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They promised us this, too

May 21, 2012
Hover Vespa

Found this on Facebook, where you can also find Scootin’ Old Skool

I am of an age that allows me to recall that such things as the flying scooter pictured above were predicted to be part of life in the year 2012.

This year marks the 50th anniversary of the Seattle World’s Fair, aka the Century 21 Exposition. Fairgoers were treated to a vision of the future from the viewpoint of Camelot and Elvis, a new Utopia made possible by exciting new developments from Ford, AT&T, IBM and other corporate benefactors.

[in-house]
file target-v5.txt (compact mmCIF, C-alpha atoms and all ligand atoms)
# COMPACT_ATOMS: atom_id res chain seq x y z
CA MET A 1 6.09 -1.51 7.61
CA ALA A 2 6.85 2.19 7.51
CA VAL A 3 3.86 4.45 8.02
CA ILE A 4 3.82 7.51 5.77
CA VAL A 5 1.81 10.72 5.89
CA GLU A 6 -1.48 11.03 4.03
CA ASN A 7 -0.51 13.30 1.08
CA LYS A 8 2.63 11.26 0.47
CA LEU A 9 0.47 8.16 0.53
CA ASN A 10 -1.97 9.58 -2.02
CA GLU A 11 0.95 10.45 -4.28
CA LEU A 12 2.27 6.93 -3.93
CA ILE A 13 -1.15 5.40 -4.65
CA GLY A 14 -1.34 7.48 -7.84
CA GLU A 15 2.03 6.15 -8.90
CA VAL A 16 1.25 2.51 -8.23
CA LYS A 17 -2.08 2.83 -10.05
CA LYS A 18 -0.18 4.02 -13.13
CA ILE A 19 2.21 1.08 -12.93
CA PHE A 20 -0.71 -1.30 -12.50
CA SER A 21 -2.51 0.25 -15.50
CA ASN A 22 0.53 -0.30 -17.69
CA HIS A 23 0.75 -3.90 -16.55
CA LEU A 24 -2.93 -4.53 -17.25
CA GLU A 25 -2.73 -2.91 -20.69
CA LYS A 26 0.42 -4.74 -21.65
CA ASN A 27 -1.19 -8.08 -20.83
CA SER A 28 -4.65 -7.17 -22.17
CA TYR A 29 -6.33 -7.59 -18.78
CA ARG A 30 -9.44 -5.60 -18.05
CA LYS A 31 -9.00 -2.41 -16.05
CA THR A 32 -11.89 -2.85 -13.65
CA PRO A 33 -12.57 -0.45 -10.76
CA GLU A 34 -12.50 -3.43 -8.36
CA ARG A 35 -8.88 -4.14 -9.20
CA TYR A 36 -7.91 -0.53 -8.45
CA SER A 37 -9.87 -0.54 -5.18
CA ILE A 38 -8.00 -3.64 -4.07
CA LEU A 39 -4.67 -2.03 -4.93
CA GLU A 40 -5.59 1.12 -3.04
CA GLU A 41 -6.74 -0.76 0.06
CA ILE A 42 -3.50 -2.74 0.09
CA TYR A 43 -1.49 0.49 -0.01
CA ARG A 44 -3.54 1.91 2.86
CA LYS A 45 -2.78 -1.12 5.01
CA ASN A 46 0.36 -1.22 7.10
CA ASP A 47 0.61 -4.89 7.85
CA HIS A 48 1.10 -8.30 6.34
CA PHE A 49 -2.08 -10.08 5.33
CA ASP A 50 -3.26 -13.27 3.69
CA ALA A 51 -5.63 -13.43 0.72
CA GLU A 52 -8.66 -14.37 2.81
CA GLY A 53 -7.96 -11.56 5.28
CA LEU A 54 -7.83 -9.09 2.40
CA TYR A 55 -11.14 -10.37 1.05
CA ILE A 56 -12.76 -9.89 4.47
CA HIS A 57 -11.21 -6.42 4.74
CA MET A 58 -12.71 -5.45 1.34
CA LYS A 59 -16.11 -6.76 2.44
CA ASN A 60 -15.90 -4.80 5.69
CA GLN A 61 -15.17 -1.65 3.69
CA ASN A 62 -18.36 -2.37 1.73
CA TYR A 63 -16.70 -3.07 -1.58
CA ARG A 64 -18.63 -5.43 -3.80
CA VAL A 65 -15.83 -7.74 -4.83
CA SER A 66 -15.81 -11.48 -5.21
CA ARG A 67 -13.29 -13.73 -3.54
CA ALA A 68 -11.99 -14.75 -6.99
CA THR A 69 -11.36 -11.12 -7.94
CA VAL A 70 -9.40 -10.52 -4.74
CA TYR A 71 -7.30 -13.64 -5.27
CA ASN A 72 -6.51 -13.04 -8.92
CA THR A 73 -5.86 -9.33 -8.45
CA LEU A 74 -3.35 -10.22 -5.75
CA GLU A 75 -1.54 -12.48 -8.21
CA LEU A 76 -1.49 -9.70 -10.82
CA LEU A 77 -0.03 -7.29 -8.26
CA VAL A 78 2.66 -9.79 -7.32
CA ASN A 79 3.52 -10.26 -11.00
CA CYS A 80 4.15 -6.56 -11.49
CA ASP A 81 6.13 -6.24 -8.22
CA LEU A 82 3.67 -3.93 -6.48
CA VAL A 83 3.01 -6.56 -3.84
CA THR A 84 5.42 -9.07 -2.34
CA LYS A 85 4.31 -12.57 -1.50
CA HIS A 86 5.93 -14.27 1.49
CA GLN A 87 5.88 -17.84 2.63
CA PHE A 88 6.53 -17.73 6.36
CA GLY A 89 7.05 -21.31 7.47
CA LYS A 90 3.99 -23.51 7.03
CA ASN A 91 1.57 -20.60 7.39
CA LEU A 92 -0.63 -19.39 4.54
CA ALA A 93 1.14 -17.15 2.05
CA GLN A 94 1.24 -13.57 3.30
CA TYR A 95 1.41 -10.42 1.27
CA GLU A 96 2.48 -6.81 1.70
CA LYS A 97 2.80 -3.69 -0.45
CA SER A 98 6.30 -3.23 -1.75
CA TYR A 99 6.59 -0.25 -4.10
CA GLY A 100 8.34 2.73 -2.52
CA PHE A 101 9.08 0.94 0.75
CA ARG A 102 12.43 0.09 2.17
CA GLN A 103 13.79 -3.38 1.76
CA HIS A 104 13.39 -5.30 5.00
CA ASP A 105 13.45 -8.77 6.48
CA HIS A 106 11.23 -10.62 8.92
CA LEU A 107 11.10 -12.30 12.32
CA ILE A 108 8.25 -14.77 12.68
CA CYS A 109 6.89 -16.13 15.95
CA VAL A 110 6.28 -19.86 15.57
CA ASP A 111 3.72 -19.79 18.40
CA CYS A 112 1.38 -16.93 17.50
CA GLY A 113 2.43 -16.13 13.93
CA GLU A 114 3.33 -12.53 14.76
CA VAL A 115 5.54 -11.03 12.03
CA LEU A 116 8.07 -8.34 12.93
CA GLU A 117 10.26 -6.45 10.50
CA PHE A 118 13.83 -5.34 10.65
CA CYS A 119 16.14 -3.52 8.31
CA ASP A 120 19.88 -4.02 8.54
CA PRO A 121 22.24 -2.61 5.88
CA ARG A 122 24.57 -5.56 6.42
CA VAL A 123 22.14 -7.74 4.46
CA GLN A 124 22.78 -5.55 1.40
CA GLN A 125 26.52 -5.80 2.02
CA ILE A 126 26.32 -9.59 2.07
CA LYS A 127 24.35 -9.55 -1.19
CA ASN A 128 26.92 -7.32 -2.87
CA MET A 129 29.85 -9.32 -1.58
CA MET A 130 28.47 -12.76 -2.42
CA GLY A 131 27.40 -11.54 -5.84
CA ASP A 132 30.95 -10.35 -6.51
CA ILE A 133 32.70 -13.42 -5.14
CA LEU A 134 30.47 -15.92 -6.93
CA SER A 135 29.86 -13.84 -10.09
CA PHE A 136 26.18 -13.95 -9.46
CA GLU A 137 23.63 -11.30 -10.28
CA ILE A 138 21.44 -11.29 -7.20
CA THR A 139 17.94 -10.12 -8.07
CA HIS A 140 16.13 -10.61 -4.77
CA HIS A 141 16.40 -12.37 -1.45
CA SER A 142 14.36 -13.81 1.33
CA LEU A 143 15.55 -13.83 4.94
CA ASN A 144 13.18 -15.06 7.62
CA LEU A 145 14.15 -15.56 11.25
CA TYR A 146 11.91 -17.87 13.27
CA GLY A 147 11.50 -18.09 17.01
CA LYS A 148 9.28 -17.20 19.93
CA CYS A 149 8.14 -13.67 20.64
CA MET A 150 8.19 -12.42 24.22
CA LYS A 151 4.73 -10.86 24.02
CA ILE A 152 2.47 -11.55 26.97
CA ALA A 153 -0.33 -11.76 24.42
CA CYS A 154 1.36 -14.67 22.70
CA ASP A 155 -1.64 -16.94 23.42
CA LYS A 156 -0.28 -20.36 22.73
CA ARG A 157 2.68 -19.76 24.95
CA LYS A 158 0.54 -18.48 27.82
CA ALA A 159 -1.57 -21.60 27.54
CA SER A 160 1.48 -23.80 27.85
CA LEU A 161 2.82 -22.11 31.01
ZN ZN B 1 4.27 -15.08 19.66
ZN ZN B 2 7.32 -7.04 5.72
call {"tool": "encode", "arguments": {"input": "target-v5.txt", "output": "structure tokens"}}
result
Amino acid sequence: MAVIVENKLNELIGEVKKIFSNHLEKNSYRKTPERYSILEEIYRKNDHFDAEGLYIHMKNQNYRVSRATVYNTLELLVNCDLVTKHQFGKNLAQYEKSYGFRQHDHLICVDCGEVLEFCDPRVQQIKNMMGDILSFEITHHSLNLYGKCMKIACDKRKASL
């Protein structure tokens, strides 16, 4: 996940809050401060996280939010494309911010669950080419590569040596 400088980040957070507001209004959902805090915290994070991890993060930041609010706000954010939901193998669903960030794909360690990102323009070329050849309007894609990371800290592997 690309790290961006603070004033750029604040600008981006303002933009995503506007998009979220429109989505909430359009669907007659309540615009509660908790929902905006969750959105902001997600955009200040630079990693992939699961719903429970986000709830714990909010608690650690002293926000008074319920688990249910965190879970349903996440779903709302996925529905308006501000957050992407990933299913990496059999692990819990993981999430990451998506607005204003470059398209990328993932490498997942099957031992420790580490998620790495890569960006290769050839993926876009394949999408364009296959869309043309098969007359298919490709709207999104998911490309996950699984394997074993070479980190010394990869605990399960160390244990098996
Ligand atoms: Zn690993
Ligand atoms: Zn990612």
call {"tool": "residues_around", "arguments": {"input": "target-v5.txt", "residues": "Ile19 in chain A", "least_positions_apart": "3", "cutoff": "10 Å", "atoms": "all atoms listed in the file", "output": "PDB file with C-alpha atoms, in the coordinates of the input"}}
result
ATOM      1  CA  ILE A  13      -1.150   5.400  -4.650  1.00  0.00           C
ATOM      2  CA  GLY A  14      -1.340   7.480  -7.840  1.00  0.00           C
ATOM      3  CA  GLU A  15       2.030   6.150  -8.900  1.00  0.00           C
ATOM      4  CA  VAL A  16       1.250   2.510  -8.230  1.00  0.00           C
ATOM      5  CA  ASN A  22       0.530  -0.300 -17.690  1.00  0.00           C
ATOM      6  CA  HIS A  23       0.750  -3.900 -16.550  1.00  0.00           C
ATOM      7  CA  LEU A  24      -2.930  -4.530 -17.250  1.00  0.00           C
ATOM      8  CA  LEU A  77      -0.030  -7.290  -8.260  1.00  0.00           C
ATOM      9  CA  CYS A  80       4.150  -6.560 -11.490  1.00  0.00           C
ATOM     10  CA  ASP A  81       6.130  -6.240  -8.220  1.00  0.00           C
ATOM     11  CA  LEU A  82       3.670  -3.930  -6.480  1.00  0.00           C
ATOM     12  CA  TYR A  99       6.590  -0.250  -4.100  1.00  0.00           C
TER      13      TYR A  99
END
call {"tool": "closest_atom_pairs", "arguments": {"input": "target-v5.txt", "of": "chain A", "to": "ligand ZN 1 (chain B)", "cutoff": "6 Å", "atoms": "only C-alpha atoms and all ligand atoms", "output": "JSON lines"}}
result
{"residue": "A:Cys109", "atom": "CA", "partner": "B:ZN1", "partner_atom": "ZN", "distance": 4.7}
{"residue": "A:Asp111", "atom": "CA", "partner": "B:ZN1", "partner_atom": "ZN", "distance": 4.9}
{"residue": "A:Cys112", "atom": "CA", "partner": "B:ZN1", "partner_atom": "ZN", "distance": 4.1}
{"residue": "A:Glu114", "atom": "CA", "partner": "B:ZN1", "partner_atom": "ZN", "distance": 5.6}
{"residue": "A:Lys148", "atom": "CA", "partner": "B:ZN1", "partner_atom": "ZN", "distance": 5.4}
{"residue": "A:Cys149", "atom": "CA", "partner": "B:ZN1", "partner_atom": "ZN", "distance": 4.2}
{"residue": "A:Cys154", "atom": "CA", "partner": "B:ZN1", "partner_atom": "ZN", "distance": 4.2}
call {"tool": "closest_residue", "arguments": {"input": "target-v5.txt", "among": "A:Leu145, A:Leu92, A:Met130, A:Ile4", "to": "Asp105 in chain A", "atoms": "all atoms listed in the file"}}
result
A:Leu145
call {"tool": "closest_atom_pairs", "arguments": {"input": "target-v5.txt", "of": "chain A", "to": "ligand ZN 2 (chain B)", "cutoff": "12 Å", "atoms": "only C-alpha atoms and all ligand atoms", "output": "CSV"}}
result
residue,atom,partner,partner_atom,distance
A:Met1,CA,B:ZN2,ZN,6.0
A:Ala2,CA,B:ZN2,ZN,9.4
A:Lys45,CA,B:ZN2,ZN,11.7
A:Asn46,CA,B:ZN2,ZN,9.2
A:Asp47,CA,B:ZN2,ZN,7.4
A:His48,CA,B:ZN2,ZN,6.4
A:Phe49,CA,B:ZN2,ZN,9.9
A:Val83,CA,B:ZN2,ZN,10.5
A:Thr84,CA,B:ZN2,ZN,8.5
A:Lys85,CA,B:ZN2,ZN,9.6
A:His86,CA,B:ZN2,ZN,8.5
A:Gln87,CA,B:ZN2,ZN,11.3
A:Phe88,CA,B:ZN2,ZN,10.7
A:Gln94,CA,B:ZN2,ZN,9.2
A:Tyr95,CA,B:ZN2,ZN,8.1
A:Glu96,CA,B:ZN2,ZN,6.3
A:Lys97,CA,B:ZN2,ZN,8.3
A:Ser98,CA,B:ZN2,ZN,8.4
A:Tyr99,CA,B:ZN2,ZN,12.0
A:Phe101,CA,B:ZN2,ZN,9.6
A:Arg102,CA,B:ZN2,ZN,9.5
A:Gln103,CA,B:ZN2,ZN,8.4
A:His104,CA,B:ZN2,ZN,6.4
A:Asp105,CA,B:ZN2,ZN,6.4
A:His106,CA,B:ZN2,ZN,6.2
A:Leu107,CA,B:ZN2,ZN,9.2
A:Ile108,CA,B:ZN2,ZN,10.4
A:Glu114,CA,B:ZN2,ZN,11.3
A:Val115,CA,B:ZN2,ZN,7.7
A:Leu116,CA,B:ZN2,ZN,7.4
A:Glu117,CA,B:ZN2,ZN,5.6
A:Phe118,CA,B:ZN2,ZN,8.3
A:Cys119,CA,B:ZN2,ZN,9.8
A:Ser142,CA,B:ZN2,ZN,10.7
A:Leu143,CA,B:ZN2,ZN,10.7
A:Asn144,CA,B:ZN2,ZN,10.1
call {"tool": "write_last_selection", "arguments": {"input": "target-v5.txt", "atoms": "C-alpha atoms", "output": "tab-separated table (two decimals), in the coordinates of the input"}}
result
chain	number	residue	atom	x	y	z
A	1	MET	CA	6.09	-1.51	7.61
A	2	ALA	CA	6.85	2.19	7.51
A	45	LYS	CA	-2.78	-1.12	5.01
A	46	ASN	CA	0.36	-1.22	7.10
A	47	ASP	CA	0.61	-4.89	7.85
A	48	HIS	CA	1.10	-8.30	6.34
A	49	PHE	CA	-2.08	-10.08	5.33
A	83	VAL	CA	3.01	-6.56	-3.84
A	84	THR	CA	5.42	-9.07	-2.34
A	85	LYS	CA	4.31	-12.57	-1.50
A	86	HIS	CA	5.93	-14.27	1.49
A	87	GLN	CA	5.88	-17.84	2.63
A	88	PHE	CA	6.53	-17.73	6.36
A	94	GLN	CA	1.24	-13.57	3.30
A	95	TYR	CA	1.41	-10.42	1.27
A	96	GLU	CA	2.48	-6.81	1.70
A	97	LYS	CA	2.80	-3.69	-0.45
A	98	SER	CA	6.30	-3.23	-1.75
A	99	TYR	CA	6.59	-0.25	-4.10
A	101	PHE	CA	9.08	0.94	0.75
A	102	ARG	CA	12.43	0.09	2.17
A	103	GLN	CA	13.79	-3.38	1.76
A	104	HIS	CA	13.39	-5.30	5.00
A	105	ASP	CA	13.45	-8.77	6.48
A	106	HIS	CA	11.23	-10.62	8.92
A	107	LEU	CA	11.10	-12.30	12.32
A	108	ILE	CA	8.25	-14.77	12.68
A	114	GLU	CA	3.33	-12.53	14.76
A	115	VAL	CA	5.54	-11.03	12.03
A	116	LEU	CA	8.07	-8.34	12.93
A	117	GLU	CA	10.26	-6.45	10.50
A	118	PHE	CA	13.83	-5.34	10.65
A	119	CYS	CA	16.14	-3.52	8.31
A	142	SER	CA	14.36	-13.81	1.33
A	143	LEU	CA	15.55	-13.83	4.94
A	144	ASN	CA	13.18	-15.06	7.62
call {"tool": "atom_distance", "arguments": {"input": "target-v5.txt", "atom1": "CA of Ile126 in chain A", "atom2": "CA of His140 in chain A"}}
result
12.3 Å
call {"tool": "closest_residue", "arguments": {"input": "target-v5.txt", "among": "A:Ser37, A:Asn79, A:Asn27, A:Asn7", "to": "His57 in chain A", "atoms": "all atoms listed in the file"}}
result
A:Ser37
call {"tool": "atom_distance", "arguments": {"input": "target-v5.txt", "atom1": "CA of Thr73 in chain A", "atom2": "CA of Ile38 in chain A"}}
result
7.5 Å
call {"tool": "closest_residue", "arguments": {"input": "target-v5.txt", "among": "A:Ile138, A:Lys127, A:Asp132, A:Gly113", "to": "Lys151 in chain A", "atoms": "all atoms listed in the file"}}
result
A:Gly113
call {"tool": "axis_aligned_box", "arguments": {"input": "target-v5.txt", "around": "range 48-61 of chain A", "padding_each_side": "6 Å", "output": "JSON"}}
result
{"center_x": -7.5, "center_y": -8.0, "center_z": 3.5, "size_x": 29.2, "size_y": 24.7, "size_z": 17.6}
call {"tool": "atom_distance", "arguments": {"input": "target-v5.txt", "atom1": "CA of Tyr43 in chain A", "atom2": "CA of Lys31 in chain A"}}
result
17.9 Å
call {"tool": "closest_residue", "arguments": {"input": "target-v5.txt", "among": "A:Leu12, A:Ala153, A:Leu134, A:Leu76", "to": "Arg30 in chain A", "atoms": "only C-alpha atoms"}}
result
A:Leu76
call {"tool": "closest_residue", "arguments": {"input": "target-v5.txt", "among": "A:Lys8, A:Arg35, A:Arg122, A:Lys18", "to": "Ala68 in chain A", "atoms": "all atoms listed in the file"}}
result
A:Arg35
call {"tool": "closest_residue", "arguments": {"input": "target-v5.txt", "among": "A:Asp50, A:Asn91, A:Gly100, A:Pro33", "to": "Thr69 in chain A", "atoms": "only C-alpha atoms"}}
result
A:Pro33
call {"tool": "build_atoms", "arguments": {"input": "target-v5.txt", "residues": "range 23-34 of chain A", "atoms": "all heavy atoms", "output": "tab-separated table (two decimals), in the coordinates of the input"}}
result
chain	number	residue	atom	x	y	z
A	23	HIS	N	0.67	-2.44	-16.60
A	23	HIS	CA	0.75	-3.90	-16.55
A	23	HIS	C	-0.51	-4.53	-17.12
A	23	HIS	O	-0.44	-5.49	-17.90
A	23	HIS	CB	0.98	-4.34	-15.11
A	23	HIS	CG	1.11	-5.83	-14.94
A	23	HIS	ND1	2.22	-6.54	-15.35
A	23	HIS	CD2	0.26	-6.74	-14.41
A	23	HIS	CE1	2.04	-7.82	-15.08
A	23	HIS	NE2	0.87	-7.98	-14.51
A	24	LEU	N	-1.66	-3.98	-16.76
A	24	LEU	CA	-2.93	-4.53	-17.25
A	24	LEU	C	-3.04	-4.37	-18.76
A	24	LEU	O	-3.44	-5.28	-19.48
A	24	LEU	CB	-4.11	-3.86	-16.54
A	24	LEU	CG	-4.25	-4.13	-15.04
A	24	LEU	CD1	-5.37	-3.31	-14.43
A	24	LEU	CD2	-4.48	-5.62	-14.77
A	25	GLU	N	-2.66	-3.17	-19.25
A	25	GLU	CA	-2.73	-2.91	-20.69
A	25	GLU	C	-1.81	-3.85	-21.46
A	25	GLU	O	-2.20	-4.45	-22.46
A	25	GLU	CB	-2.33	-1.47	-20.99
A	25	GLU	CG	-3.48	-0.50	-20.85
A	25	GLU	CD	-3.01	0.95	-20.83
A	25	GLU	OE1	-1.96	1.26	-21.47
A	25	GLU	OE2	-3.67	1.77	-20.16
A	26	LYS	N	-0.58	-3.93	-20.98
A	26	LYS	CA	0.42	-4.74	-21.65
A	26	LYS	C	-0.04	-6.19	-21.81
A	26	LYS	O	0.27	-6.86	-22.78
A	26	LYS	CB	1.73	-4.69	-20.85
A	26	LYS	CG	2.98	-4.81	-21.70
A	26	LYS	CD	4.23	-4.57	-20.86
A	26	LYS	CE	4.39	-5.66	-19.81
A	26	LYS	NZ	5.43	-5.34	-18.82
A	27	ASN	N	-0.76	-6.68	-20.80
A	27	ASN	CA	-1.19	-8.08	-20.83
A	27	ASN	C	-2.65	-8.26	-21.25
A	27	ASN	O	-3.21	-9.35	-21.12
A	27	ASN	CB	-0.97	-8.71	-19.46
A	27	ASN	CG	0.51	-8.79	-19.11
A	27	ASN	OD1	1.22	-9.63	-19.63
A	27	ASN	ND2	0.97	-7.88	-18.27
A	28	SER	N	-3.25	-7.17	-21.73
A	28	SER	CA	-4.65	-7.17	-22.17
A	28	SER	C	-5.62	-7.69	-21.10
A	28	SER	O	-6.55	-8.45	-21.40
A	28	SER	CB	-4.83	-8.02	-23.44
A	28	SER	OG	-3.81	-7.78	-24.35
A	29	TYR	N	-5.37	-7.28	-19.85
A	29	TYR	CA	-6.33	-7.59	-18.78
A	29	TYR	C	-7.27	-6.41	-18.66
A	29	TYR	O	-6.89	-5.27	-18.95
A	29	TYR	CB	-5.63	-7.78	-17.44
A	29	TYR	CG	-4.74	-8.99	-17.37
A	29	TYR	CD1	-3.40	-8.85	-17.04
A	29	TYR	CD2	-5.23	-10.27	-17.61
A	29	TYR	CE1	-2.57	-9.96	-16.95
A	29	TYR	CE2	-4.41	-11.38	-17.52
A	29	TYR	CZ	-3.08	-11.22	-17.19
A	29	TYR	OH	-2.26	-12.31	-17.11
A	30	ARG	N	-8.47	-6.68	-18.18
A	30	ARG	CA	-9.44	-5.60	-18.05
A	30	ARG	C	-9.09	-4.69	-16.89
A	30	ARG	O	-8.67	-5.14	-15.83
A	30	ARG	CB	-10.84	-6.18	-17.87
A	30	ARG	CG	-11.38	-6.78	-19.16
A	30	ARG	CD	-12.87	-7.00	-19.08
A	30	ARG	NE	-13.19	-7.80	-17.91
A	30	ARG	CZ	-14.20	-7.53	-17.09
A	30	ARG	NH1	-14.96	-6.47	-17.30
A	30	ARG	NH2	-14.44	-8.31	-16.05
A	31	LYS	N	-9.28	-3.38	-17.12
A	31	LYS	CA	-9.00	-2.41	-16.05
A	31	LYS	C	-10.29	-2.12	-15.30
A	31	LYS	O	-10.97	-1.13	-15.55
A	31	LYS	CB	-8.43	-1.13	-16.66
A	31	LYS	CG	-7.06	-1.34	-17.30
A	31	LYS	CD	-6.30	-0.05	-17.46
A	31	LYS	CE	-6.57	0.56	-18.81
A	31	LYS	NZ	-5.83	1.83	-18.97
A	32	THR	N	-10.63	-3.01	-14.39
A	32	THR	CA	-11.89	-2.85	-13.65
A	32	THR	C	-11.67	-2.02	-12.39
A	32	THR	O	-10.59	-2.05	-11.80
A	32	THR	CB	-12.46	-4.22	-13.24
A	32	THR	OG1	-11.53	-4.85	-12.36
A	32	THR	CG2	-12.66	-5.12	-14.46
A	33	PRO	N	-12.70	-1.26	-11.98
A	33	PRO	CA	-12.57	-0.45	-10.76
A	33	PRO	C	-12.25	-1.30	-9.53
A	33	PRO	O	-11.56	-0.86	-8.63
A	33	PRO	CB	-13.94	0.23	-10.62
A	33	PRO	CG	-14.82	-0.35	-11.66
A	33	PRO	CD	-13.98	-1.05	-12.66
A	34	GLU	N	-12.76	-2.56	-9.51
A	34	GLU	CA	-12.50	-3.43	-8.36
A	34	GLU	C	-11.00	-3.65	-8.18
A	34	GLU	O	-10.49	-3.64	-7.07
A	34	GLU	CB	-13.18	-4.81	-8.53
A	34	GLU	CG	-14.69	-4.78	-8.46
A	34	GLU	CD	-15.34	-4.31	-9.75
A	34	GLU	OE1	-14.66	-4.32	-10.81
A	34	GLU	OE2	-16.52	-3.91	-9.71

Of course, we all know now just how wrong that vision turned out to be. Nuclear powered (flying) cars? Home nuclear reactors? Synthesized food and clothing, which you tossed into the home incinerator after wearing once? Vacations on the moon?

The Internet, mobile phones, outsourcing to India were nowhere to be found in this grand vision. And those who wax nostalgic about the Fair conveniently forget such things as the strip club on the fair grounds, which were built in a formerly “blighted” neighborhood (of course we know now that term was mostly applied to places not inhabited by middle-class white people).

The biggest difference between then and now, however, is this: in 1962, America was looking confidently toward the future. In 2012, everyone and everything seems focused on the past. Mad Men, one of TV’s most popular shows, is about the advertising industry in the early 1960s.

Which, come to think of it, is the only thing they got right about the future in 1962: 900 channels of TV. Favicon

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